Blog post 6


Inquiry Based Learning–
What is inquiry based learning? Inquiry based learning is creative; it is authentic; it is meaningful. In an inquiry based learning classroom, students are engaged in meaningful projects that utilize collaboration, research, and technology. Teachers design study involving experts; teachers use rubrics and exemplars. There is goal-setting by the student and the teacher and use of UDL: multiple means of representation, expression, and engagement. There is a connection in the classroom and beyond the classroom—ethical citizenship and ethical digital citizenship are promoted. Inquiry based learning—it is essential.
It is so amazing and awesome to see and be part of the new changes in education. Inquiry based learning is providing such an opportunity for students be curious, learn, collaborate, and create. I can remember being a student in my educational career and so many classes provided only rote learning—completely boring. Drill and practice, review, recite—these days are hopefully diminishing and students are being provided lessons that allow them to explode with excitement and gain deep understanding of content, while at the same time learn essential technology and communication skills. According to the article “8 Ways into Inquiry Learning,” educators need to be flexible, which is difficult for some; as teachers many of us have a strict routine and are set in our ways, but we need to embrace flexibility. The article also refers to fostering inquiry, designing architecture for learning, and avoiding being boring. I think would all agree that our most positive learning experiences have been when teachers allowed as to be creative, curious, and think outside the box.
In the “ 8 Principles of Inquiry” some vital points are made. Authenticity: Create learning opportunities that are linked to the real world. I don’t know how many times I’ve heard students say about literature or grammar: “When am I ever going to use this?” and I would of course tell them how, but my failure was in not showing them how in a real-word context.
So important: Deep Understanding: While learning tasks must be authentic and engaging, the key component is ensuring a connection exists between the task and learning goals. Are students learning the content in a deep and meaningful way. Teachers can have the most authentic, creative learning task in the teaching world, but are the students learning the content?
I love the Guiding Questions for Deep Understanding, and I am so glad to have been exposed to those during this class and wish I had been during my years in the classroom! The questions really make you think about how to develop a lesson with learning goals in mind.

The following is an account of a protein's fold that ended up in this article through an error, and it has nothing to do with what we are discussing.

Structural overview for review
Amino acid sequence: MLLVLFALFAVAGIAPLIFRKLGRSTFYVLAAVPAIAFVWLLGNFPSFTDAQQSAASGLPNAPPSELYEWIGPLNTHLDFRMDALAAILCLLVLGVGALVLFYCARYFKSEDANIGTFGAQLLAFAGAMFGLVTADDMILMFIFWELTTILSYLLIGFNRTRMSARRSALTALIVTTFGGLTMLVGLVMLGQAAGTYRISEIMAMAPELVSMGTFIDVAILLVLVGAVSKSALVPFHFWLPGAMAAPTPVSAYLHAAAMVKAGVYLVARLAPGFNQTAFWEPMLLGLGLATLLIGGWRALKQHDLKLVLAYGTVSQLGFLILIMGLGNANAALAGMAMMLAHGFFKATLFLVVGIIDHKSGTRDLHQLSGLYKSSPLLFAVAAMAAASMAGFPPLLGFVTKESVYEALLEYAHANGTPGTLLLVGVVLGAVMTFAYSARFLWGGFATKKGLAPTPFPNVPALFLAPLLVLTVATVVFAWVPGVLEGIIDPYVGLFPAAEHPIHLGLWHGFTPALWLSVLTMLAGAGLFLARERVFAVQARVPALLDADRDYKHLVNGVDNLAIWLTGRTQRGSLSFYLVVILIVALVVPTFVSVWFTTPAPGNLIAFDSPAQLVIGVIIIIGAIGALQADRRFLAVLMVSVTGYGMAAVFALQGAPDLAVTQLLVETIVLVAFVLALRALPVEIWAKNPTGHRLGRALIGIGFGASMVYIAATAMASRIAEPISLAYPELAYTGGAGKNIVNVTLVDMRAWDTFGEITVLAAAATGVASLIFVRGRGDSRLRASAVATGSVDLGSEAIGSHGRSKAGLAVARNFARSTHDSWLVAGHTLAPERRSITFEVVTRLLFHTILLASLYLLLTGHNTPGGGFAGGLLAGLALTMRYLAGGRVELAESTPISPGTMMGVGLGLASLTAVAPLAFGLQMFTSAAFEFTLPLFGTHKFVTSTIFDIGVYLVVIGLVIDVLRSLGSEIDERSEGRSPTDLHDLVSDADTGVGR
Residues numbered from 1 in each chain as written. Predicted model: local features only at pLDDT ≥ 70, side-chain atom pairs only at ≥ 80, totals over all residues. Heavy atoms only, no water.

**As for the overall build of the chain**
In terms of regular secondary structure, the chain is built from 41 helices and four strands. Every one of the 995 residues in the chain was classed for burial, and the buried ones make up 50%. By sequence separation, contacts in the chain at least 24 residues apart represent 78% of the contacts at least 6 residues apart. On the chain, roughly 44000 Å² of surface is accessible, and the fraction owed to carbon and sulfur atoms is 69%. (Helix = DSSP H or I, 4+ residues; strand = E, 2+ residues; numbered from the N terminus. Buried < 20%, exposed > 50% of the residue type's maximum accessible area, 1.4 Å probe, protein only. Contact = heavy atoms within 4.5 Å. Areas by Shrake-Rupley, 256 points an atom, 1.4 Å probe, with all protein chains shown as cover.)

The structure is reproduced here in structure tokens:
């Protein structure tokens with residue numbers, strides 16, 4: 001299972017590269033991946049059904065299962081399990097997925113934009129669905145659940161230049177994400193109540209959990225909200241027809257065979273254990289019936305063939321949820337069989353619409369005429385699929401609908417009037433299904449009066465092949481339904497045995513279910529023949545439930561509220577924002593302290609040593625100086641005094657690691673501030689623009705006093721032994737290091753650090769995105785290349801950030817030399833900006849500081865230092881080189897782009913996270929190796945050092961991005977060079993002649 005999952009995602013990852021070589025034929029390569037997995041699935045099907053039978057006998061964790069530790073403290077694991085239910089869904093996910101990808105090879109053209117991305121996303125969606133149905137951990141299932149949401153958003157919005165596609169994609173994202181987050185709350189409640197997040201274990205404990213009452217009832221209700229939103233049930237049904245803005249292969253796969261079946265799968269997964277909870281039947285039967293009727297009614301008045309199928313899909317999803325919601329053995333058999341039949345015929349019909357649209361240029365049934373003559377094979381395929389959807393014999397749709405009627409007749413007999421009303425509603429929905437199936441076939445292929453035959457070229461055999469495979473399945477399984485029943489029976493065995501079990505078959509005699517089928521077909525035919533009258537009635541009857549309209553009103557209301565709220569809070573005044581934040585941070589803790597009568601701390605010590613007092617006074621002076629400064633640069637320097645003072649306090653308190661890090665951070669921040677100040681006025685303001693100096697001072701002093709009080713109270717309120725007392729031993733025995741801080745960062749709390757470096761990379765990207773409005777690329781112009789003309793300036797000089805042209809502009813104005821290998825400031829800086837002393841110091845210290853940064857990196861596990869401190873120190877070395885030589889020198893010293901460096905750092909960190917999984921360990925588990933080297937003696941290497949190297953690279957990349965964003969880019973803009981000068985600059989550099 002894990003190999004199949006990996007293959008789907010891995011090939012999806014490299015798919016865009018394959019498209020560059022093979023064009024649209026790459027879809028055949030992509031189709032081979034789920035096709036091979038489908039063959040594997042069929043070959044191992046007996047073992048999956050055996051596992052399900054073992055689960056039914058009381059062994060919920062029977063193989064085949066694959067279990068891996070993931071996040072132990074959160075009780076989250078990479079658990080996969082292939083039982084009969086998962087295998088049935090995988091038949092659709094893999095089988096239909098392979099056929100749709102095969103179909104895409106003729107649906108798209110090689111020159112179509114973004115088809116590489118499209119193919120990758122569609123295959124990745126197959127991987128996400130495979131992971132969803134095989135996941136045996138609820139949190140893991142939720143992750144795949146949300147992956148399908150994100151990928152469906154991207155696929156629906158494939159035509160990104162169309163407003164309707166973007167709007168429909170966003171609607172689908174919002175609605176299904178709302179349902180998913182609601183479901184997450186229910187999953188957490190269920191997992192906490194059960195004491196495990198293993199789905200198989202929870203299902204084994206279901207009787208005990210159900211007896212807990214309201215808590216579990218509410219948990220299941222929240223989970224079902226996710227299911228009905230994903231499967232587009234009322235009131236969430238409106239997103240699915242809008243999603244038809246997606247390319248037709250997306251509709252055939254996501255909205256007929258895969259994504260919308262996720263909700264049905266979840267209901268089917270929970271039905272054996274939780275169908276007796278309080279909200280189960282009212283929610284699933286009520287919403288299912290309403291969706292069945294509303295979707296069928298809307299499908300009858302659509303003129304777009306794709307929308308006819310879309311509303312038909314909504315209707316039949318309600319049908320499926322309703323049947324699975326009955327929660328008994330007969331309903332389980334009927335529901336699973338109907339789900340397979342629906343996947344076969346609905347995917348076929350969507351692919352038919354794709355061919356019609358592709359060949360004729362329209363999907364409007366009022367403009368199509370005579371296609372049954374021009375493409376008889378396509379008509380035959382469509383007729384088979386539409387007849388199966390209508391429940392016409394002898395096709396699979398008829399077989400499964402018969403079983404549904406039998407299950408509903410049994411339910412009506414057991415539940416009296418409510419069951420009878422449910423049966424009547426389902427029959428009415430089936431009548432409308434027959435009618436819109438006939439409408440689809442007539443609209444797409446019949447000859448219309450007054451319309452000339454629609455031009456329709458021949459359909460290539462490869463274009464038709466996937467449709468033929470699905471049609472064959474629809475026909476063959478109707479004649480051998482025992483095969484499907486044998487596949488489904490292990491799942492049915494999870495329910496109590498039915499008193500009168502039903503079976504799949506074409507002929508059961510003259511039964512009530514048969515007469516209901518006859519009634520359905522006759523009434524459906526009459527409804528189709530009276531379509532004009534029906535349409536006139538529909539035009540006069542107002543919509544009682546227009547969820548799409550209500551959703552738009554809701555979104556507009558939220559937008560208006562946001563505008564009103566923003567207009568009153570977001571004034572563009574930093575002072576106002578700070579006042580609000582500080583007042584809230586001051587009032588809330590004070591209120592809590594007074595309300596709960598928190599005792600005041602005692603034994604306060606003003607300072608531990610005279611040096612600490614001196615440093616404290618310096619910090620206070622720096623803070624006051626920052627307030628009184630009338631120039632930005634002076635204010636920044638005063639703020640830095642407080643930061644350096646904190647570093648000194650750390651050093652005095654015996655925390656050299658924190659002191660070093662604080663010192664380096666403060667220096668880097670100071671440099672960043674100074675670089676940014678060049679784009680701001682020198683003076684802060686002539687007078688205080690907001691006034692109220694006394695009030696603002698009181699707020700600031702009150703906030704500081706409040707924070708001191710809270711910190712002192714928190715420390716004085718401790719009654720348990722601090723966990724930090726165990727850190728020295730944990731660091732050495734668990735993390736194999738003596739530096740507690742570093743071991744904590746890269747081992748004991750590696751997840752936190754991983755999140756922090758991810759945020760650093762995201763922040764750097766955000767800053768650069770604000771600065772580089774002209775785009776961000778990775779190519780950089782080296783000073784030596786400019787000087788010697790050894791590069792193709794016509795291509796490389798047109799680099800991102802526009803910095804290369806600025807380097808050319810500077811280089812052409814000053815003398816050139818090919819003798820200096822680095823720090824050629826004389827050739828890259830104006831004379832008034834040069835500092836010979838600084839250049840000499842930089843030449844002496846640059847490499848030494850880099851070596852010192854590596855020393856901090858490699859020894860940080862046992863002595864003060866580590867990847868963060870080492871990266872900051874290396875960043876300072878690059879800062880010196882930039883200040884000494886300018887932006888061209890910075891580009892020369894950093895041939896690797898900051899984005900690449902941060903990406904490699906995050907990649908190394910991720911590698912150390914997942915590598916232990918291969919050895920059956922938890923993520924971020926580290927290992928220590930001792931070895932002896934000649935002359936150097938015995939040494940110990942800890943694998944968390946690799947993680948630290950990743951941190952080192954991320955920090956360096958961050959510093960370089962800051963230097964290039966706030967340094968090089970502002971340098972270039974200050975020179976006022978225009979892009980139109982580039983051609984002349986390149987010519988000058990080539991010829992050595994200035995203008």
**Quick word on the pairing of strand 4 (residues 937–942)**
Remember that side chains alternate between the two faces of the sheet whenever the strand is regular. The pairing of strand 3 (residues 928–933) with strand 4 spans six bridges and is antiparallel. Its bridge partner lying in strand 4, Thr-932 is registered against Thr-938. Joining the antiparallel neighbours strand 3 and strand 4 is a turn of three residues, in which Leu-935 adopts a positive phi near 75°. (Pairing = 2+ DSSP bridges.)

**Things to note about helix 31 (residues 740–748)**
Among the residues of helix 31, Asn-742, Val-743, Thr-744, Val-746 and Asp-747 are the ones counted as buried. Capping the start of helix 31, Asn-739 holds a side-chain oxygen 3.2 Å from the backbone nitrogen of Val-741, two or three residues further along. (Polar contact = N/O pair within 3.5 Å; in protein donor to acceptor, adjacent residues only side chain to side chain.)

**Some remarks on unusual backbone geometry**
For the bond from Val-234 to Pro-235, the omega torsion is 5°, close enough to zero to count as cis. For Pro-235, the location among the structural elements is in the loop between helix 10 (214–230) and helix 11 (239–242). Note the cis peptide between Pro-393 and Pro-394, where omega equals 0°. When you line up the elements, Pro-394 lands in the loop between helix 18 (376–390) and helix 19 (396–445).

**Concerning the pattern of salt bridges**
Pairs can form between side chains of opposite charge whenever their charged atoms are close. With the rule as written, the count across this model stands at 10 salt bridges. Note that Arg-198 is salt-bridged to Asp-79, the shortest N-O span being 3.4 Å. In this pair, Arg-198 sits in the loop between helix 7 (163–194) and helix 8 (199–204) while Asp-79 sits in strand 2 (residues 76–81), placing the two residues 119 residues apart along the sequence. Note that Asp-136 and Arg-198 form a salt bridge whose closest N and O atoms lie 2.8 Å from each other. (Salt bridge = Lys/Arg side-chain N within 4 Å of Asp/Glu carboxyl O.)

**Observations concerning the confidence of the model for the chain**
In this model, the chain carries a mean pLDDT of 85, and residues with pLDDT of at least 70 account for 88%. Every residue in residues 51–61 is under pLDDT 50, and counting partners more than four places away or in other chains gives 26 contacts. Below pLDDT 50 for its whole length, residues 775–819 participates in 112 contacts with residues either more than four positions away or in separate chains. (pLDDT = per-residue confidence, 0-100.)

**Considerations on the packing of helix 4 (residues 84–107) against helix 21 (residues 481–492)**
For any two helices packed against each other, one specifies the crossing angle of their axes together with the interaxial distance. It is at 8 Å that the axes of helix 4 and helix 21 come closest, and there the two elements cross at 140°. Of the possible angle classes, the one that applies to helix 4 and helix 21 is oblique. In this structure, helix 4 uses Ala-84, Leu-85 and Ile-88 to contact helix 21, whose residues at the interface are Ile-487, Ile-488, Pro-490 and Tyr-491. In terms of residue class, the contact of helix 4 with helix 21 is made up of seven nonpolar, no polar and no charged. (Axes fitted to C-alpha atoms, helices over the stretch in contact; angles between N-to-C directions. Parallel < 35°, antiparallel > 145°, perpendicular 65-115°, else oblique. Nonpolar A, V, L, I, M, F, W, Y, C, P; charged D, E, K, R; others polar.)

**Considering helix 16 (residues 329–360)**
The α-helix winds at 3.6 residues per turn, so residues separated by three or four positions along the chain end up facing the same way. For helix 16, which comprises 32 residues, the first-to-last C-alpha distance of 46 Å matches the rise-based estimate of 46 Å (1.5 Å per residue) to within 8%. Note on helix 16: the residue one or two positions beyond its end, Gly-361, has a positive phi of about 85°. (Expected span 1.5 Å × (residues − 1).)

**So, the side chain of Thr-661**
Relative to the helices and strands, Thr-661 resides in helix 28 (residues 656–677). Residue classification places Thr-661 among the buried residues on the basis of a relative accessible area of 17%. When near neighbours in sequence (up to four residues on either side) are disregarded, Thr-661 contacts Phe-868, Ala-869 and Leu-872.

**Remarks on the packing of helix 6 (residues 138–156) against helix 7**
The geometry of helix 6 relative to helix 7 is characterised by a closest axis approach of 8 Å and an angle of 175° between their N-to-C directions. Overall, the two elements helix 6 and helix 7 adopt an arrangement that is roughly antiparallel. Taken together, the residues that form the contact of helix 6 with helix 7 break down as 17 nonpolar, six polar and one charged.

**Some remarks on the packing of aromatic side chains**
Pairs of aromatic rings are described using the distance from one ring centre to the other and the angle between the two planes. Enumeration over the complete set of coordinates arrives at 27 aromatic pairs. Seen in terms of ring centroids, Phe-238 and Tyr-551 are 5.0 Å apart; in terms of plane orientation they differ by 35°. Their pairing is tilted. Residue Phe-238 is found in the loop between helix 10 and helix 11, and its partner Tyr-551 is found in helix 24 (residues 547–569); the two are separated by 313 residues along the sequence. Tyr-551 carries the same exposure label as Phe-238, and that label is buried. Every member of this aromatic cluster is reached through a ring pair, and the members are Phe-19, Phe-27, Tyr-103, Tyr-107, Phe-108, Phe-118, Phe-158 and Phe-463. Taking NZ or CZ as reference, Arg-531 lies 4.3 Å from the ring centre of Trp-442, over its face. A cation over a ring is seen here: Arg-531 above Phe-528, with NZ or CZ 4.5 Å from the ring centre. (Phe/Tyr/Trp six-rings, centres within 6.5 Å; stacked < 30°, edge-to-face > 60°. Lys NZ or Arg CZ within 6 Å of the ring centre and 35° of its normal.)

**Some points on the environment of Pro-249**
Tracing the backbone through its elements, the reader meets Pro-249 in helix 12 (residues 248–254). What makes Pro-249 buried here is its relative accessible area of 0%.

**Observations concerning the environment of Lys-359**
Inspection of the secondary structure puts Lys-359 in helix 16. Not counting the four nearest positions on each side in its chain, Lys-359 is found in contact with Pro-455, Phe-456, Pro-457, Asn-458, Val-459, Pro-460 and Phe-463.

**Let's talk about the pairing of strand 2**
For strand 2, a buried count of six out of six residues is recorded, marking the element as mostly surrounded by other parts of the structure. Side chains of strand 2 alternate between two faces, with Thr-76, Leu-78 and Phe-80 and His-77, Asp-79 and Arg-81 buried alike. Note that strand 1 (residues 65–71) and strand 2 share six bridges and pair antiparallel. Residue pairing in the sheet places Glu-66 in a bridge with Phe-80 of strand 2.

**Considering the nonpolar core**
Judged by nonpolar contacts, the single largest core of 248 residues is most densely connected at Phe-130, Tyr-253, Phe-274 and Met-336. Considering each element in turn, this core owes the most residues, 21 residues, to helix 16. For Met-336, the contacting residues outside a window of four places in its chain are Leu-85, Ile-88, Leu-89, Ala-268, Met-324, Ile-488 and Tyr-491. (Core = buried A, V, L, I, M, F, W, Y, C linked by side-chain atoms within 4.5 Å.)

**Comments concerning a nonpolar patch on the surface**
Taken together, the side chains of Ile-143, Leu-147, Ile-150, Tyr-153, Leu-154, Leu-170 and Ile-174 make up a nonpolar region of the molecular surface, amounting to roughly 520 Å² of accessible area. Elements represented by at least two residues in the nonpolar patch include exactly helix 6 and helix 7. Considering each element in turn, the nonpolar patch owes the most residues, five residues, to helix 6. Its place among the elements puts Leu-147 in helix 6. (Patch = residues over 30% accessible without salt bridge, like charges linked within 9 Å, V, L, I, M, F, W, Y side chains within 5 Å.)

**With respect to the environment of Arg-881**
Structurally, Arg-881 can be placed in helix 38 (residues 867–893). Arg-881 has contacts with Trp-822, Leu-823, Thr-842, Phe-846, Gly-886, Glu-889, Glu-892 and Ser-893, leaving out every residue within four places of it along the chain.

As far as assessments, most of us realize the importance of rubrics, but I think strong exemplars of student work are so important, which is also addressed in the 8 Principles of Inquiry. I think for me, having an example is crucial to my learning and the way I perform an assessment. Sometimes a rubric simply does not do it; I need to see an example (this is what it is and this is what it looks like examples), and I am certain our students do as well.
Technology and ethical citizenship are newer concepts in education, but I am embracing them and loving the idea! What a great module!
Part 2—Mini Lesson Think Aloud
As part of my unit on Shakespeare’s Julius Caesar, I will have three mini lessons:

What is a tragic hero?

What is are the elements of a tragedy?
Who is the tragic hero in Julius Caesar? Why?

Some of the steps I will take to ensure these are inquiry based learning….
What is a tragic hero?
With literature, there are always themes that transcend the work itself and are prevalent in real-life, as is with The Tragedy of Julius Caesar: What happens when a leader has too much power or is perceived to have? What are the characteristics of a real-life hero and a fictional hero? Who are our heroes? Why?
Authentic: Because these themes are relevant to real-life, to make an authentic learning task, students will begin by using web-based graphic organizer tools such as Holt, to answer the hero questions and then use for whole group discussion.
Expert: As far as an expert, my brother, who is a firefighter, would come in to discuss firefighters as our local heroes.
Technology: Students would review the traits of a tragic hero by listening to a class lecture and then completing a Google Docs chart to list the traits and examples of these traits in the characters. Students would also blog about who they think is the tragic hero of the play and why. Is it Caesar? Is it Brutus? Is it Antony?

Performances and Ethical Digital Citizenship: Students would research who experts agree is the tragic hero by finding three credible sources, reading the information and blogging about it with sources cited in MLA format and ethical digital citizenship. Students would also have the option to create a slideshow instead of the blog post slideshow would include the theme song– a song that exemplifies the tragic hero the theme song is used in a slide show with images and text to show who the tragic hero is based on the research. Again credible sources must be cited.
Assessment: Students would be assessed on their blogs, graphic organizers, and theme songs. Rubrics would be used and a teacher created exemplar (since this is a new project).

2 thoughts on “Blog post 6

  1. Love how you say that teachers need to “embrace flexibility”. I completely agree with this. Inquiry learning is all about flexibility. Inquiry learning can be a little messy. I like to call it “controlled chaos”. It is important for teachers to let go a little and allow kids to be creative. They will often go much further than we ever expect! I also agree with your point about having exemplars of student work. It really helps for students to clearly see examples of great work.

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